Currently watching: Saki

This psychological thriller concerns a beautiful woman, her knack for getting people to trust he, and her motives for doing so. It starts Nakama Yukie as the main protagonist, and she is very good in the role of the enigmatic heroine, attractive and at the same time, a bit repellent.

The first episode gets very close to the problem of setting up a lot of storylines, so it seems like the writer is just throwing out ideas and hoping something will stick. However, the story seems to be quite well paced, and I didn't feel overwhelmed with new information.

I enjoyed the first episode, and was impressed with the hard sub version from Heiwa fansubs, which included a nice bit when the subtitles went out of focus along with the image. Very professional.

I note that the lead actress and producers and directors all collaborated before on Utsukushii Rinjin in 2011. While I don't have time to find that and watch it, Saki is certainly good enough to make me think I may have missed something.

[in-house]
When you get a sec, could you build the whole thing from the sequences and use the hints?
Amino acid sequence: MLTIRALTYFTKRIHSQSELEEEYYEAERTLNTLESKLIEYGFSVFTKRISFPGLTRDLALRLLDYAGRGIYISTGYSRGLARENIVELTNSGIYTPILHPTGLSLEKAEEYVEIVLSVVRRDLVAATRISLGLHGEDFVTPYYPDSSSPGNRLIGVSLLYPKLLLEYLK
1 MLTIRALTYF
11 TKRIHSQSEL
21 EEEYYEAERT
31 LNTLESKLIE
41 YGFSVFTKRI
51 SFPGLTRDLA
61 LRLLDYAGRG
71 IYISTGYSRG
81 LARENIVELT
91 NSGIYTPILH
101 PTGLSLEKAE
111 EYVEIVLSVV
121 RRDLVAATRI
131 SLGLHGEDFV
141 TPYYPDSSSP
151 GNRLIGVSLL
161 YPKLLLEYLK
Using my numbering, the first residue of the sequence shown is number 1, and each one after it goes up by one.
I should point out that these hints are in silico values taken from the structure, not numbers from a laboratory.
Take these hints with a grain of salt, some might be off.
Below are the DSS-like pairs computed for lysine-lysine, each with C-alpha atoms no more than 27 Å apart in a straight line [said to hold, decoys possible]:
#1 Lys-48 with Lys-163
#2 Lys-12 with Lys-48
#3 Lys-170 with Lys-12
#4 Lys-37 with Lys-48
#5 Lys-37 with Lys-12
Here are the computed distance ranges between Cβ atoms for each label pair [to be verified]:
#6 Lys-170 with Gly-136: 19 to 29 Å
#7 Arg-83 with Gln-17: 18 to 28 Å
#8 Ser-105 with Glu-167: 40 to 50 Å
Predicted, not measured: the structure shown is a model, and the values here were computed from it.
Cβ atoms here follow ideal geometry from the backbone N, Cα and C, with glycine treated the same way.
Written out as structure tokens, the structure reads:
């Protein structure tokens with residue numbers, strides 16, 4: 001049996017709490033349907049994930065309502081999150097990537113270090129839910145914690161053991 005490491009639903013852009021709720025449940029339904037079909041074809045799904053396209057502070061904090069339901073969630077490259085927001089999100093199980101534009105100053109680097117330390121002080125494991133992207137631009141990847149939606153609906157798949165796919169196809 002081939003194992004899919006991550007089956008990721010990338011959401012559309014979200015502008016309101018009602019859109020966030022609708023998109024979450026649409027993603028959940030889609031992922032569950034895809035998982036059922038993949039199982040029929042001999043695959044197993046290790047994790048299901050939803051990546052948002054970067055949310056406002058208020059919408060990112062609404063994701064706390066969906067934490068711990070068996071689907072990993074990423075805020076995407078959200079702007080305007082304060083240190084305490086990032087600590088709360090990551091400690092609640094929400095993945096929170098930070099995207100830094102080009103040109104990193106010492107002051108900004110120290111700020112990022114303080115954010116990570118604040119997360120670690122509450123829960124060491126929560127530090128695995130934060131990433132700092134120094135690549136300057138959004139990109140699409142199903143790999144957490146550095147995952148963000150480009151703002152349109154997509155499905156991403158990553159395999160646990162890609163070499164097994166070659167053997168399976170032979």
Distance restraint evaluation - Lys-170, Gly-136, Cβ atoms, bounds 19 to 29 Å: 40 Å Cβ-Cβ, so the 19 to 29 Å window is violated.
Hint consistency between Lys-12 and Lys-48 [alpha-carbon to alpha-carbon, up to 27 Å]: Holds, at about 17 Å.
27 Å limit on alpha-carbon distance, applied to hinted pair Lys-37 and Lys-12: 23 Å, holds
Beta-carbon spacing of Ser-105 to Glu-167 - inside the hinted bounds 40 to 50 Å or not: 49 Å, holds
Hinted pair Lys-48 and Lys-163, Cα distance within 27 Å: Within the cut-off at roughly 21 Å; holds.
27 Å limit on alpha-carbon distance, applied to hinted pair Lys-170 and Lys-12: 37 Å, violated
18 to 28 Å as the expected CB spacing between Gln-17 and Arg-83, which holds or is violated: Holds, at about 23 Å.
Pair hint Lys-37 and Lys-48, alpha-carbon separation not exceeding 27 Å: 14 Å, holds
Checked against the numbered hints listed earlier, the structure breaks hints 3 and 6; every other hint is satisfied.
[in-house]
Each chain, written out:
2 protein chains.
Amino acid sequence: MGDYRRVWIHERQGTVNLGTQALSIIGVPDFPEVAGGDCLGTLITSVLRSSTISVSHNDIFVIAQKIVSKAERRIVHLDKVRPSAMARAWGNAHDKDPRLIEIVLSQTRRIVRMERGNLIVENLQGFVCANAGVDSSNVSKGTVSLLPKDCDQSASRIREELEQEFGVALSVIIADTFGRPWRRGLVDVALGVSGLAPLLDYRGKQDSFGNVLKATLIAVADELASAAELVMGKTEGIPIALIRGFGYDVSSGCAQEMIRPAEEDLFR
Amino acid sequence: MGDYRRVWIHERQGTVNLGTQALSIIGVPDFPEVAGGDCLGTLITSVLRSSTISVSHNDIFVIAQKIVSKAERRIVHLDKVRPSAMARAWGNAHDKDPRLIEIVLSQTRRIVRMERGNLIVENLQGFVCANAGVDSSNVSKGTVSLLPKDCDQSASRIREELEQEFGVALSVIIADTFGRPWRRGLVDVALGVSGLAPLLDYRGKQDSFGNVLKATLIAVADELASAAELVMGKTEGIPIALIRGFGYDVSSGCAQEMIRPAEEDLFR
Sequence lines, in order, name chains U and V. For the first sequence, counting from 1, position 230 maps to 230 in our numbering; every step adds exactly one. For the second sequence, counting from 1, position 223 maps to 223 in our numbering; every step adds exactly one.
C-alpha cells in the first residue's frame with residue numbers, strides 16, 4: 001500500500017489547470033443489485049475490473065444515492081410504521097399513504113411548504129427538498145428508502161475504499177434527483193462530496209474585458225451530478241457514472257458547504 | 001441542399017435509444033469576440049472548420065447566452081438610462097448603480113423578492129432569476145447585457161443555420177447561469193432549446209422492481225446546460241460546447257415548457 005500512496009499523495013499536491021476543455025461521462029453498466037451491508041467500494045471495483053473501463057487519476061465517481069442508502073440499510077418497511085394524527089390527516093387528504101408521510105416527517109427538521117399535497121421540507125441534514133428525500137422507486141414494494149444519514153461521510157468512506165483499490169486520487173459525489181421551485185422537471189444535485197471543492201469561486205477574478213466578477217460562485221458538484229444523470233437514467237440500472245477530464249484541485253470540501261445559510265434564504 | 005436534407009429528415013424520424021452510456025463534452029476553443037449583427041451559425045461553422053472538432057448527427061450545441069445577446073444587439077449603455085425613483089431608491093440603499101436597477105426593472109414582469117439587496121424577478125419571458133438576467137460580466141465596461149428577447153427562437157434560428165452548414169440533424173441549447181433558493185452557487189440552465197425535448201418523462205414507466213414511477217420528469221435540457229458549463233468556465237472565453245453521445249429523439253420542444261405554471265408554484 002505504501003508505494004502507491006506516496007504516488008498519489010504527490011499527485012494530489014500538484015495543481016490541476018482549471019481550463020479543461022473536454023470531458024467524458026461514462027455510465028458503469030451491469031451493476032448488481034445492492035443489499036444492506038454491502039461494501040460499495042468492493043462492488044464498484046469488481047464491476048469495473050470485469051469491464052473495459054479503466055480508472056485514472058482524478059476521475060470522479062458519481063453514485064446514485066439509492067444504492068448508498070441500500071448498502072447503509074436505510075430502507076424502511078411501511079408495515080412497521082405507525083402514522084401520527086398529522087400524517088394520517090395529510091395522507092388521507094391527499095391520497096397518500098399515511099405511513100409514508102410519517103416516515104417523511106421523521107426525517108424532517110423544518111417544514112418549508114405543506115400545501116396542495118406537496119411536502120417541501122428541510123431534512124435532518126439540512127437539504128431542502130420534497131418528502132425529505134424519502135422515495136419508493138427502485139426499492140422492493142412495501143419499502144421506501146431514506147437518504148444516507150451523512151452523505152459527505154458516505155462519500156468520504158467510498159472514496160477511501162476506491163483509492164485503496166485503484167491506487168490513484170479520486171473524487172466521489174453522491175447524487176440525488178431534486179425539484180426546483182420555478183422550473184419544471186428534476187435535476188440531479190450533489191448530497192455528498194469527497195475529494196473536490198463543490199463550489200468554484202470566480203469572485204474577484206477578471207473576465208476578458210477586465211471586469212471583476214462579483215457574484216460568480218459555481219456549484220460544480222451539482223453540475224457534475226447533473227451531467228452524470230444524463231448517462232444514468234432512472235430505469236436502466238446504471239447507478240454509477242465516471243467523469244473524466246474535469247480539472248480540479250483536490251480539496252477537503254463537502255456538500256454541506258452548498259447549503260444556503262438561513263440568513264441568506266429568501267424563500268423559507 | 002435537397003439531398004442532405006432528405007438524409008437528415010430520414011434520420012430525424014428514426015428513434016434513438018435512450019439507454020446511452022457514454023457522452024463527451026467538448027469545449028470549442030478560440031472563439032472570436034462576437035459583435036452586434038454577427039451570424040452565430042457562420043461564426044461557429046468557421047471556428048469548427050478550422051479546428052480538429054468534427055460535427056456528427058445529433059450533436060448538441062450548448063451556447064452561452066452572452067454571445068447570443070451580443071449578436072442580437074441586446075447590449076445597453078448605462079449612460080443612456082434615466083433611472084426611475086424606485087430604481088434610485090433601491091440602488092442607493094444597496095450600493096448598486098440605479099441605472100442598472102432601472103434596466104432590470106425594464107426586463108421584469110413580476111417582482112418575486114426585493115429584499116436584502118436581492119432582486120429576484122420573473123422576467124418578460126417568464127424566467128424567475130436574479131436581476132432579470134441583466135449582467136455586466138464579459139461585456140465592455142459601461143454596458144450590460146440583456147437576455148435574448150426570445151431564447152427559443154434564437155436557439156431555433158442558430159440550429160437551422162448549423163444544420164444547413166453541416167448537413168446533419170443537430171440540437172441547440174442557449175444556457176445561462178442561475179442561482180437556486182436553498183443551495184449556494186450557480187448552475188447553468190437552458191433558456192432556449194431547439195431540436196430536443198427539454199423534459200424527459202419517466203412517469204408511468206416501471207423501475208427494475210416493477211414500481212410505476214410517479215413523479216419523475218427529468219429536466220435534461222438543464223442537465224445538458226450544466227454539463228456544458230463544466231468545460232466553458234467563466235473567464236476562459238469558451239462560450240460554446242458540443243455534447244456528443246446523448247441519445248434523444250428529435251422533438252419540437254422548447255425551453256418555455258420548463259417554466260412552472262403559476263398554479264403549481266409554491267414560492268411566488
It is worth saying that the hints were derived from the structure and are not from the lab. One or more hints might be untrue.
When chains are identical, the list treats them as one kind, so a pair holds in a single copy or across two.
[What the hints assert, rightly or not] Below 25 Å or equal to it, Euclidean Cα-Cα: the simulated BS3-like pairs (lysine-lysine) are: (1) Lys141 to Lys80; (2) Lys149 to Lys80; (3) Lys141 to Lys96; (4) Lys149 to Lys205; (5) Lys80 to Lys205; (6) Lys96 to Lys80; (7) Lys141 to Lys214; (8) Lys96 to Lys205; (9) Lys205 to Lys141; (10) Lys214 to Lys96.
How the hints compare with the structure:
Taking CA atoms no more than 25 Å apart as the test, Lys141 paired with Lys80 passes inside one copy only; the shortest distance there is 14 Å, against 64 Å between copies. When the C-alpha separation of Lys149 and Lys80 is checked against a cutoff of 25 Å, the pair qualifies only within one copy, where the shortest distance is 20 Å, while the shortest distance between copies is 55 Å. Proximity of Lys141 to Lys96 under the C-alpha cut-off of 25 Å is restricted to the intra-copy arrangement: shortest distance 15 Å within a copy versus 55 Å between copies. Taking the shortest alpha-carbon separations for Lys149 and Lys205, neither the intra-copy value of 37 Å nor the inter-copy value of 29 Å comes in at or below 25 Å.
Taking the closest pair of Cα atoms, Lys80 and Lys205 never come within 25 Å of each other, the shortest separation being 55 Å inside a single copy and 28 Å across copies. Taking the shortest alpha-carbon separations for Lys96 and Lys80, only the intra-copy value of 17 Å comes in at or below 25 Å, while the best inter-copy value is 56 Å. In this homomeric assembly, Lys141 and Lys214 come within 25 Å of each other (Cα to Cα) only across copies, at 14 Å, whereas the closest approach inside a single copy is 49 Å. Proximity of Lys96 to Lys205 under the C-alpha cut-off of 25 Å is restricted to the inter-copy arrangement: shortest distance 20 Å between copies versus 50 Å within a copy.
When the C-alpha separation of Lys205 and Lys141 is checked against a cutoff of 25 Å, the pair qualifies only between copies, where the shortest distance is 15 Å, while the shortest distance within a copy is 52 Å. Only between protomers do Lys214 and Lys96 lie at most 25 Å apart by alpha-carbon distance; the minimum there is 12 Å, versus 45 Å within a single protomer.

Saturday, 12 January 2013

Just finished: Yuusha Yoshihiko to Akuryou no Kagi

That's the thing about sequels: they're never as good as the original.*

This series managed to be entertaining right to the end, but you could tell they were running out of ideas. Too often, the story would rely on Yoshihiko being distracted by something absurd while the other three waited for him to come back.

But, you know, this lazy approach to writing was somehow in keeping with the low-budget production standards. And while the jokes were fewer and further between, there still seemed to be enough to keep me watching. And I did enjoy the Monty Python reference at the start of ep 10 with the guard at the battlements shouting feeble (and extremely long) insults at the travellers below.

I liked some of the build up to the final boss battle, especially episode seven where our noble heroes come up against some monsters disguised as them who are far more noble and heroic that the real thing. However, the final two episodes that dealt with the final boss battle itself didn't seem to have much in terms of storyline. On the other hand, it did stay loyal to the spirit of the story in that Merebu never did learn a spell that would help them in battle.

By the end I was kind of glad it was over. Humorous distractions are funny at first, but this was a whole series of them. And it ends with references to a possible film. Although I know I'd watch it, I'm totally fine if it never gets made.